Between cell phones, email and online social networks, keeping in touch with friends and family has never been easier, whether you're only five or 5,000 miles apart. As we become ever-more reliant on technology for staying connected, do where our contacts live still matter?  
"Despite the power of information technology to keep us connected across long distances, geography still plays a role in shaping our social relationships," says UCI sociologist Carter Butts. "Location and spatial structure affect our opportunities to interact with others, our perceptions of the neighborhoods in which we live, and how we share information during emergencies."  
With a newly awarded $750,000 National Science Foundation grant, Butts is leading a research team to discover just how much our social networks are impacted by geographic and spatial structure as well as socioeconomic status. Working with him are John Hipp, UCI criminologist, and Nicholas Nagle, University of Colorado geographer. Findings from their study will have wider applications for urban planning and models of communication during crisis situations.  
Over the course of the three year study, the researchers will conduct a large scale survey throughout Southern California to find out who residents contact most, how well they feel they know their neighbors, who they call when emergencies happen, and where those contacts are located. They will then pair the information with census data to determine how interconnected people within neighborhoods are and how far out - geographically - those connections go.  
Findings from the survey and social network models derived from the results will help researchers understand how physical space and closeness contribute to perceived feelings of safety and cohesiveness among neighbors based on where their networks exist - information they say will be useful to urban planners interested in developing and shaping communities to fit residents' social and interpersonal needs.  
Their findings will also be helpful for first responders in the development of future information dissemination and emergency warning systems by suggesting the best places to inject messages into residents' social networks.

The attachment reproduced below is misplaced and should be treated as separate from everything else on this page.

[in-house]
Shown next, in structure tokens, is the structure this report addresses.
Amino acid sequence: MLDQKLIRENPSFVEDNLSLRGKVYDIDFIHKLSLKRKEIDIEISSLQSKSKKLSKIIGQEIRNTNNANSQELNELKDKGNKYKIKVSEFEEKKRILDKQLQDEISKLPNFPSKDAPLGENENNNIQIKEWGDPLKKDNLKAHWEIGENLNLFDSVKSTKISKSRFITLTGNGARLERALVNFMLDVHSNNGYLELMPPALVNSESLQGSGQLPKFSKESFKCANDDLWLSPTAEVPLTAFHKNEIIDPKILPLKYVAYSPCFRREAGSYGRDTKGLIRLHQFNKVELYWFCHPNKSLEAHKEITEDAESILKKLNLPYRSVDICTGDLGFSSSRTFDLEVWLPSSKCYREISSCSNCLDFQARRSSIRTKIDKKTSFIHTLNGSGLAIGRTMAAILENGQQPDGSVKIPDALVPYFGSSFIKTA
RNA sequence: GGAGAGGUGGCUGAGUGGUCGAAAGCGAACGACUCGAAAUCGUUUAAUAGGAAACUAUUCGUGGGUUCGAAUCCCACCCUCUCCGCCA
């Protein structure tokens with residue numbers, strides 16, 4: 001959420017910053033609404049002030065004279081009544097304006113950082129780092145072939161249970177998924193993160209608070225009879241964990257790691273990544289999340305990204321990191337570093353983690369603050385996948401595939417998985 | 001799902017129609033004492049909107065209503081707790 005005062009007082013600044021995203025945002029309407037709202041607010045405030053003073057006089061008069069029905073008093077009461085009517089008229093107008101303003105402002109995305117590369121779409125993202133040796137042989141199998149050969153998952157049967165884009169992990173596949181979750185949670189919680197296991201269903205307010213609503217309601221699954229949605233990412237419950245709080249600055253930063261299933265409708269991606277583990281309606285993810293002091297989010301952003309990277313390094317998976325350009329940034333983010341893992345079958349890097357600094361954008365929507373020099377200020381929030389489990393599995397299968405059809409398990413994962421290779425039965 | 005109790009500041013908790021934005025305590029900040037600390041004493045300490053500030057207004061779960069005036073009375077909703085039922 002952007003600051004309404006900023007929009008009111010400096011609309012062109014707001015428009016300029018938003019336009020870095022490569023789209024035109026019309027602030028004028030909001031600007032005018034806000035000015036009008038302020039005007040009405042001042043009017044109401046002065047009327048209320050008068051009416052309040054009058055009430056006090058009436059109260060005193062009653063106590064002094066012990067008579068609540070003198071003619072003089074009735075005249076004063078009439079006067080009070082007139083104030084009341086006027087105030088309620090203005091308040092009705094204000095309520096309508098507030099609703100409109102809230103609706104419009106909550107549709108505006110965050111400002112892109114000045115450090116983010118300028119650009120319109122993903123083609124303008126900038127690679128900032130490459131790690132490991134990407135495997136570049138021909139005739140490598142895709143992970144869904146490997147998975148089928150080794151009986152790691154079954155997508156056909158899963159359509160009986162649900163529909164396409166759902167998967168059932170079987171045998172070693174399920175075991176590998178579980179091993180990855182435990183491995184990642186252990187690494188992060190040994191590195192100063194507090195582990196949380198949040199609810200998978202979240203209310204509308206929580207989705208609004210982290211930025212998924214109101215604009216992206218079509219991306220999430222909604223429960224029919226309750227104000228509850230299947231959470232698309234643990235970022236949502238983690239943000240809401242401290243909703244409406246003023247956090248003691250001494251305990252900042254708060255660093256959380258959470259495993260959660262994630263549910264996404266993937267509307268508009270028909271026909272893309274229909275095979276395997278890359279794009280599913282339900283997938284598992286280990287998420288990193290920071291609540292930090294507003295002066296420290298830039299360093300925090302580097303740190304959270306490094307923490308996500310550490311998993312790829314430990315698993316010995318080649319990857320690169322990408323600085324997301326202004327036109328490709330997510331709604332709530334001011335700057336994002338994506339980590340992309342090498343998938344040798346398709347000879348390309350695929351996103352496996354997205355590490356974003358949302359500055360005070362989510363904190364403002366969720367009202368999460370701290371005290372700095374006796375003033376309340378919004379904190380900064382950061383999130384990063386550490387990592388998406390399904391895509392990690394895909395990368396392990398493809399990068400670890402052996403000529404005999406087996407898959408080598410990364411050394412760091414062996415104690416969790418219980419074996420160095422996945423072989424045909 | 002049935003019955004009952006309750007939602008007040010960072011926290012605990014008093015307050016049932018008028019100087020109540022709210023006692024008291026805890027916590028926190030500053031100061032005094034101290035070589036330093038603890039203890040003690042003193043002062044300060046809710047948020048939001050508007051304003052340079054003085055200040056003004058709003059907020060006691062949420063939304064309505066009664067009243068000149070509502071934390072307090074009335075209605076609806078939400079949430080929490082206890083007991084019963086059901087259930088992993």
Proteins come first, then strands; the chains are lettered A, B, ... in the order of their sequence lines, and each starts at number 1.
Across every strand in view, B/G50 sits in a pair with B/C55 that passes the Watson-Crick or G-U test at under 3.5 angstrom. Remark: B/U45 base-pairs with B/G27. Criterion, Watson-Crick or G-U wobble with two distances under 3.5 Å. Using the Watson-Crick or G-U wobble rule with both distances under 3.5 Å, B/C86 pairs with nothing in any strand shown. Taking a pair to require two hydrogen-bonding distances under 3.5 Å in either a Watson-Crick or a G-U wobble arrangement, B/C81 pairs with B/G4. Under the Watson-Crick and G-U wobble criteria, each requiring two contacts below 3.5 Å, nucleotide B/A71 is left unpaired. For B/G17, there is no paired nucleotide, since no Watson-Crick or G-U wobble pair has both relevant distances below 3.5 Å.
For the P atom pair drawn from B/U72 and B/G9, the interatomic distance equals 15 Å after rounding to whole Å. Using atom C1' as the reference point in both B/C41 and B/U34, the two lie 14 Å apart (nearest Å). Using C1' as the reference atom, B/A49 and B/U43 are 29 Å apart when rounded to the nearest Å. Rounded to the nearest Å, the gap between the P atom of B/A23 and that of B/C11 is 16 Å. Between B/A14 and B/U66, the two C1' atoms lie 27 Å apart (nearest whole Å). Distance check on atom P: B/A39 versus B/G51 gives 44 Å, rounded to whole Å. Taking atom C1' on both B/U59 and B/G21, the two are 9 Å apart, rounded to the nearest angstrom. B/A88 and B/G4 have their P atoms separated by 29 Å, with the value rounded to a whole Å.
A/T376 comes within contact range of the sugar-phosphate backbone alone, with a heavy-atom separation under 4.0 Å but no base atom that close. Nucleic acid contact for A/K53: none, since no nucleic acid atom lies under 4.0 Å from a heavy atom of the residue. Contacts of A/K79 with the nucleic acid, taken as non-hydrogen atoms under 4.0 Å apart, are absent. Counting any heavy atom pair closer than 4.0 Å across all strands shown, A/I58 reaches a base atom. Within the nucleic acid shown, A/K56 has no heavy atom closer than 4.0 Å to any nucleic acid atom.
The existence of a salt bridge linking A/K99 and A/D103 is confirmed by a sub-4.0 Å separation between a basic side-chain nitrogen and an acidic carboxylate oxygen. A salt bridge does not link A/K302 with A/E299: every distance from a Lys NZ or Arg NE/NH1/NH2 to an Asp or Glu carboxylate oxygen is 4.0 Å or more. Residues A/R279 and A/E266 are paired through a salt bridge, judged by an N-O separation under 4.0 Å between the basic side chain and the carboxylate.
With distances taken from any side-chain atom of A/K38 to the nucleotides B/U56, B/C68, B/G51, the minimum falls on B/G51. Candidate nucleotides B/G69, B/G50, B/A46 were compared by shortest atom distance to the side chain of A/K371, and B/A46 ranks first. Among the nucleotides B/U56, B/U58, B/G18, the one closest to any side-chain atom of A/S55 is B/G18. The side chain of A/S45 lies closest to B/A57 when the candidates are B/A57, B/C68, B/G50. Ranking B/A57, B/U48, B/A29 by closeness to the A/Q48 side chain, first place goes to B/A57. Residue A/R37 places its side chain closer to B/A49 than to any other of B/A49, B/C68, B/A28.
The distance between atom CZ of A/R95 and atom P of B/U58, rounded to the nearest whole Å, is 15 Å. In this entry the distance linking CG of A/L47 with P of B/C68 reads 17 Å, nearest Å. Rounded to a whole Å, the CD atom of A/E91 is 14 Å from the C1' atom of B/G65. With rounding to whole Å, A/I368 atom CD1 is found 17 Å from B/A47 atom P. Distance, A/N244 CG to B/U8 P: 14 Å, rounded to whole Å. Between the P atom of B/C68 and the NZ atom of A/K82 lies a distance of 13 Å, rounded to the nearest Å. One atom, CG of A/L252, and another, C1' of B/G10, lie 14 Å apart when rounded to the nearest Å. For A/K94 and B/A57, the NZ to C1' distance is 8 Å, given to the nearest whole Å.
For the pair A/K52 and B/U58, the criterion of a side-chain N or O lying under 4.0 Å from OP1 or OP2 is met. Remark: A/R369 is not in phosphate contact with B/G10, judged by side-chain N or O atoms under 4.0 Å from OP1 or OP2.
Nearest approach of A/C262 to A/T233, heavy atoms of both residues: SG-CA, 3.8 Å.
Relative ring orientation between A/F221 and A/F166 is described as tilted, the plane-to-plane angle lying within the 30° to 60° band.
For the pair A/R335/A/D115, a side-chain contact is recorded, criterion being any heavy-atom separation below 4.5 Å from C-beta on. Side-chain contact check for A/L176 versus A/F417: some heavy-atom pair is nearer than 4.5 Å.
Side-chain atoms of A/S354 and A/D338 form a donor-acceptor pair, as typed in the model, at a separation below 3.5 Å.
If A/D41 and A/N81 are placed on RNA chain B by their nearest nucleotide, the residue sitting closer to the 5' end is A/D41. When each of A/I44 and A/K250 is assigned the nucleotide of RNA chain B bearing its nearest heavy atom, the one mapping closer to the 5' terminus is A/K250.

"When emergencies happen, getting information out to the largest number of people in the shortest amount of time is a critical but often difficult task," says Butts, who has studied the topic at length as part of UCI's on-going Calit2 Project RESCUE study. "Knowing where to find the key contacts for reaching the most members of a given community can be extremely useful in developing more focused, effective crisis communication plans."  
After mapping out the relationship networks of Southern Californians, the research team plans to expand the project nationwide in order to learn more about the impact geography plays on our social connections to others and how such information may be applied to keeping more people "in the know".  
The three year NSF study began in October and will continue through September 2011.  
Pictured at right: A social network model based on information collected in a prior study for an area the size of Phoenix. The model shows how information would be expected to pass following an emergency with blue representing those who receive information first. The colors shade into green and yellow for those who take longer to receive it. 

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